img_0837-1As it turns out, I seem to have a half decent spirits palate, and I plan a separate piece recording my exploits as a result of winning the Worshipful Company of Distillers’ prize for my spirits exam result.  There will be more to follow as I plan my spirits inspired travels – for my prize is to study a spirit producing region……many thanks to WSET and WCD for that.

img_0221I should also thank the West of England Wine & Spirits Association for generously awarding me their John Avery Award for my diploma results.  The genuine encouragement from local and national wine trade leaders has been evident throughout my studies.  The late John Avery MW was one of my Level 3 lecturers, and receiving this award from his daughter Mimi was very special, as was receiving my diploma certificate and award from Stephen Spurrier, with the likes of Jancis Robinson MW in attendance.  It was also lovely to see Susan McCraith MW at the awards ceremony in London, a friendly local face in otherwise daunting surroundings.

Part way through the diploma course, Kelli approached me about becoming a WSET tutor for the Level 1 and 2 awards in wines (and spirits for Level 2) for The Wine Shop Winscombe.  I was also approached to give wine tastings for contacts made in the legal profession.  All of a sudden, my life was veering off into the direction of wine education and events.  So by the end of the diploma course, I had left the law and was a fully fledged WSET educator.  How did that happen??

I have therefore achieved plenty more than I had ever believed possible when I started the diploma course.  I have evolved from a lawyer and wine hobbyist into a wine educator and spirits enthusiast, I have made new wine and spirits loving friends, including students I have taught, I have fellow wine student friends from around the globe, including a lovely lady with her own Bordeaux vineyard, and I have my own wine and spirits events enterprise.

img_0832I take this opportunity to thank those who have encouraged and supported me in my studies.  In no particular order: Tim Johnson & Lys Hall (West of England Wine School), all the WoEWS lecturers, WSET tutors on the Educator Training Programme, Kelli & Matthew Coxhead (The Wine Shop Winscombe – Kelli’s advice and support kept me going throughout), my long-suffering husband Andy, seen here at the pre awards ceremony sherry reception (not drinking sherry – boo!), and my daughter who relished lining up my blind tasting samples – even if she did almost bankrupt me and pickle my liver with enormous measures – see above!




More gin please, we’re British.

img_0948In the absence of the wine wordsmith that is Ian Abrahams, I thought I would update Bristol Tasting Circle members about this month’s gin tasting at Great Western Wines.  Of their huge range of over 100 gins, we could only cope with 8 in one sitting.  Our host was the irrepressible Tristan Darby who exuded enthusiasm for his subject from every pore.  He even let us sniff a few extra gins – such as the incredible Orkney Old Tom Rhubarb!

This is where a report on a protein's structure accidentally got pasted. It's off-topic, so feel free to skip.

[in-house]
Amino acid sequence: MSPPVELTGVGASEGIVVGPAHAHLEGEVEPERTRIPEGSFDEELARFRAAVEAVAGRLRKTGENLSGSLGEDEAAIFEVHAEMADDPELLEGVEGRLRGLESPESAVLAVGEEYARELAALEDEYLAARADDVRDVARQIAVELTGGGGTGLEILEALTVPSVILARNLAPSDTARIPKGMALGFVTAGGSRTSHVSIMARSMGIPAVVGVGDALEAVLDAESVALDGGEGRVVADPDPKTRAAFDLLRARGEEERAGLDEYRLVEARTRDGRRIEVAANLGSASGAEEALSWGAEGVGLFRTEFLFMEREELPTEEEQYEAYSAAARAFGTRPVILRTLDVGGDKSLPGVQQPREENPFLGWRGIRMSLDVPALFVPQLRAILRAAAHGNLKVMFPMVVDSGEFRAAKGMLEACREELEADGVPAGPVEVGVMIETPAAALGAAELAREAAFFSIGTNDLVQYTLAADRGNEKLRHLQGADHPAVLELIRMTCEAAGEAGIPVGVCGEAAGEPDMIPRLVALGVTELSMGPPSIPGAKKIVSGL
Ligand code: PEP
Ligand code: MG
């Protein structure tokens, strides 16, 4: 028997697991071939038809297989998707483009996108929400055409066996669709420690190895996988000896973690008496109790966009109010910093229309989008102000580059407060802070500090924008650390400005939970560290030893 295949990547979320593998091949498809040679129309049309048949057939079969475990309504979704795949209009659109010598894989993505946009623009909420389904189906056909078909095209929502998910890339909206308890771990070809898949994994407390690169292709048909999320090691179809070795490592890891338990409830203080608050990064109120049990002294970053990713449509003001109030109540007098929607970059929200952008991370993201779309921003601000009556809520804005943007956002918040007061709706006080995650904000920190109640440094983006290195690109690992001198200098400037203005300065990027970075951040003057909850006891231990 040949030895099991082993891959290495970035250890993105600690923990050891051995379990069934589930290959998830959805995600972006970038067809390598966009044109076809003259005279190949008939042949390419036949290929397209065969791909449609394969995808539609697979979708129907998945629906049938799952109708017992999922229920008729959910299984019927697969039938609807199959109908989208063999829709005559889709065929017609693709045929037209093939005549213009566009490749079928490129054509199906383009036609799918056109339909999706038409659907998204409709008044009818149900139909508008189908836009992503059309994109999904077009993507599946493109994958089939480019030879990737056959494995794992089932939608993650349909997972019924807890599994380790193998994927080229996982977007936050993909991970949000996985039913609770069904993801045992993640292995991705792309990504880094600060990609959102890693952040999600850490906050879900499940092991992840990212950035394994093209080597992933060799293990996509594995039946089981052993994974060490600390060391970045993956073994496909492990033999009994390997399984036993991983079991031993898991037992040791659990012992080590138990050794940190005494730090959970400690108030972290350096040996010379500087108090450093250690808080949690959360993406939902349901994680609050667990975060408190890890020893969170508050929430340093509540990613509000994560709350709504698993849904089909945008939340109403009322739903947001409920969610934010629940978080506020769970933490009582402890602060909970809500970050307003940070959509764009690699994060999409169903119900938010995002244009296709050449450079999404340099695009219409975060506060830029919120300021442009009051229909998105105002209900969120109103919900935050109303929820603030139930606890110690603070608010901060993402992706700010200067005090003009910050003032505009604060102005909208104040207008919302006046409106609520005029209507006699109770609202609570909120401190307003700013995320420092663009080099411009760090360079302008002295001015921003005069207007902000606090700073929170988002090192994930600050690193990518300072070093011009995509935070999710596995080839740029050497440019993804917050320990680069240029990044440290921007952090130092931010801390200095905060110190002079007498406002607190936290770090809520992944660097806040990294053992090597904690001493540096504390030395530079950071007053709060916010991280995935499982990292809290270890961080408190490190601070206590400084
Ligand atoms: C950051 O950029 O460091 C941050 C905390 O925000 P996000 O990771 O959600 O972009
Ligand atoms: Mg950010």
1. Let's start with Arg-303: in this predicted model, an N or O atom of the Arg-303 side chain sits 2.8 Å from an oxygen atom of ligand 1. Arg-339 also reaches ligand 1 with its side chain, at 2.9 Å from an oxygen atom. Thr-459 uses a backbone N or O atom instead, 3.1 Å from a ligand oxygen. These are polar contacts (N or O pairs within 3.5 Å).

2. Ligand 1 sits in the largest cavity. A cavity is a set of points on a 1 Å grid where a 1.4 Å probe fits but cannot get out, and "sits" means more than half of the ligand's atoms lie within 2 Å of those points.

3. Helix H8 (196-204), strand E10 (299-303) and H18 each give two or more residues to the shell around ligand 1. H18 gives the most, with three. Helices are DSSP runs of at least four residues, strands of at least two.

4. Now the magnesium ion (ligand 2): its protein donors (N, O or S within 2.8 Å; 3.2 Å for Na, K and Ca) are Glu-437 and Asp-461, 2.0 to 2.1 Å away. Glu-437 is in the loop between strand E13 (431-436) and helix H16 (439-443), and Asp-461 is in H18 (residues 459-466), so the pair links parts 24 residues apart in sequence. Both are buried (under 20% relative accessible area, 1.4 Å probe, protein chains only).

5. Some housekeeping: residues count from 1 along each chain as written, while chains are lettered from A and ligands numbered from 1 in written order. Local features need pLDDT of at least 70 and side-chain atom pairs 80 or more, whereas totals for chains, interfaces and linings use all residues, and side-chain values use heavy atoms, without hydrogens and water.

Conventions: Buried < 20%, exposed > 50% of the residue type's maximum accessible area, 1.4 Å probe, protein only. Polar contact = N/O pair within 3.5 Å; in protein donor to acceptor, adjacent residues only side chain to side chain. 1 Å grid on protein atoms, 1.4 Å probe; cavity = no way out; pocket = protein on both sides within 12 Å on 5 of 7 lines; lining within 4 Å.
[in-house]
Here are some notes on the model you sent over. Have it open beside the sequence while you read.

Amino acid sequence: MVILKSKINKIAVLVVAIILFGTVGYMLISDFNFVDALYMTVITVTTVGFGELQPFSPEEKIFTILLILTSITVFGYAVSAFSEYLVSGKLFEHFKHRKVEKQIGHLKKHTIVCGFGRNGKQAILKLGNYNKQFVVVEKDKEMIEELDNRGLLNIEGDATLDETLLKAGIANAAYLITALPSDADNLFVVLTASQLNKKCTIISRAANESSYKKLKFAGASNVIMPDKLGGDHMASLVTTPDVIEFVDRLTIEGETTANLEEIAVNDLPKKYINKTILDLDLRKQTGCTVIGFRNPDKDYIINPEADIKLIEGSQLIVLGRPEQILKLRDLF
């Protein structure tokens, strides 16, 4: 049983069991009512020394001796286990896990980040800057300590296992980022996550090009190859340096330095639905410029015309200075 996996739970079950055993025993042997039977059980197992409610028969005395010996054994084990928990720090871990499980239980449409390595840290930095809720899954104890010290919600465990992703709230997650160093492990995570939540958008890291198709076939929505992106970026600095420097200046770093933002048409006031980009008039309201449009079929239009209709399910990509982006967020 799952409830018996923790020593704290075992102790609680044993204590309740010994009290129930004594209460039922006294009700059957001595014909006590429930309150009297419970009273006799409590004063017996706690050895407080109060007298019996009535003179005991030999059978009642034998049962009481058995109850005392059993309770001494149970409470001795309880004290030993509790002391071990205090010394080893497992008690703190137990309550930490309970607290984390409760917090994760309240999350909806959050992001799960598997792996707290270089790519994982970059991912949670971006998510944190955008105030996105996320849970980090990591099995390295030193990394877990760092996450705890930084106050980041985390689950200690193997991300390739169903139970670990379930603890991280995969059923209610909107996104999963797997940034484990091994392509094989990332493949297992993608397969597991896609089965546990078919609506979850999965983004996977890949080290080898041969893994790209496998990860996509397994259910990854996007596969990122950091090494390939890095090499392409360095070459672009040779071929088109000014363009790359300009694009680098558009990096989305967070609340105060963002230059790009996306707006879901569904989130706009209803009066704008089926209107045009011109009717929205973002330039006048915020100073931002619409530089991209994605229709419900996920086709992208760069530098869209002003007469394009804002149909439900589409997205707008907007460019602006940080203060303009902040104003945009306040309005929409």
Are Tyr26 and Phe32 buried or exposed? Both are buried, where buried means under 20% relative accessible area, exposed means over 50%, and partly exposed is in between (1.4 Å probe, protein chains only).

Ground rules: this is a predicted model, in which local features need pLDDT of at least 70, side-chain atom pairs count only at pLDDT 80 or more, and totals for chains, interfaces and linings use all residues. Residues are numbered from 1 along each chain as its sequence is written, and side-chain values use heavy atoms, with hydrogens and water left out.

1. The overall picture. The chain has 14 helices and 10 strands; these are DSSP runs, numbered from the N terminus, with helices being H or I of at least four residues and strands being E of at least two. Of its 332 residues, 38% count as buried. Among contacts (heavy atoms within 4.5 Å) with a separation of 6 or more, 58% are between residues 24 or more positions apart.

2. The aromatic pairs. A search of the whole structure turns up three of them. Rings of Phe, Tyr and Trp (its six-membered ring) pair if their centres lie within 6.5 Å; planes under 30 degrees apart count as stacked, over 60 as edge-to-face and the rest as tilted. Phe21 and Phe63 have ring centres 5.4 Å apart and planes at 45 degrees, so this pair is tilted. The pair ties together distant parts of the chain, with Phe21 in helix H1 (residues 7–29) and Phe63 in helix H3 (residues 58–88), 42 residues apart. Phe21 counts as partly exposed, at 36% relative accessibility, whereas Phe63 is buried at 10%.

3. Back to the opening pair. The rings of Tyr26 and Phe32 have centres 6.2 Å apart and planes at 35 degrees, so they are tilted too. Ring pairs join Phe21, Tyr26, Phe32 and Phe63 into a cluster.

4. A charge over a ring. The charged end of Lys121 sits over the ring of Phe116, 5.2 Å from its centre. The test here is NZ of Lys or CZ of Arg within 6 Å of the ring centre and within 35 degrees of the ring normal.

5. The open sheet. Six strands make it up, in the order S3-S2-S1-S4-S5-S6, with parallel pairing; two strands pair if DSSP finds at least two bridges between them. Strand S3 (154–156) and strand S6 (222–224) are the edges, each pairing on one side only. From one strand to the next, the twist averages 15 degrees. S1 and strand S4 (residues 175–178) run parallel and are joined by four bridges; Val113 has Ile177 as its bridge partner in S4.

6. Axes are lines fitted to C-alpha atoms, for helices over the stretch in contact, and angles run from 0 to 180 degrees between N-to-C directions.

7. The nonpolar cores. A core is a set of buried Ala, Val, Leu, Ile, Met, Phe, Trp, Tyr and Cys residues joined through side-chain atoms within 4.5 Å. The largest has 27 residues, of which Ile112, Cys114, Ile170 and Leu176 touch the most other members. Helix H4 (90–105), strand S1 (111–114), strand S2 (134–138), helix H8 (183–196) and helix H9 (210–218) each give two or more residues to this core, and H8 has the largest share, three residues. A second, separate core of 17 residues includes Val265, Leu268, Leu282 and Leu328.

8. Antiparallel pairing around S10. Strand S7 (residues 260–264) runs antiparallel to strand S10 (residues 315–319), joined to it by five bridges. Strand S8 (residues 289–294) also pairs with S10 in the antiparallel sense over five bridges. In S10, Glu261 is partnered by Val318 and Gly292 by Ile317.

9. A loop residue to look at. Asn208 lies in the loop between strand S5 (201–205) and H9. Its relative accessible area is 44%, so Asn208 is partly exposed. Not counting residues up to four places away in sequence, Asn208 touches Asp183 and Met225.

I am more of an aged spirits girl than a gin fan, so what appealed to me might not be gintastic to gin lovers.  But I hope these notes give you the gist of it.

Our tutorial began with an introduction to botanicals (including squidging juniper berries to fix the pinelike aromas in our minds), and instructions on nosing – start with the glass at chin level and note how the aromas change as you move the glass towards your nose – floral and citrus, then herbs, then juniper.  No swirling!  Add tonic gradually until your perfect serve is attained – 1:4 is usually far too much tonic.

We sipped neat, then with ice, then tasted our chosen mixer, then added it to the gin, and finally, added garnish in skinny slivers, as we were tasting, not drinking.

Hayman’s Old Tom Gin 40% abv

This family distiller from Balham is now in its 5th generation, having begun its operations 150 years ago.  I met Christopher Hayman at the Worshipful Company of Distillers Luncheon last month (more of this in another blog) so it was a happy coincidence that Hayman’s kicked off the tasting.  This is made to a family recipe from 1870.  We tasted this neat, though with ginger ale it can become a Ginger Tom.  A quality sip – silky and mellow with a mouthcoating of subtle sweetness facilitating appreciation of its complexity.  Impeccably balanced, it went down well with many – an essential for any Old Tom based cocktail but equally enjoyable all by itself.

Broker’s London Dry Gin 40% abv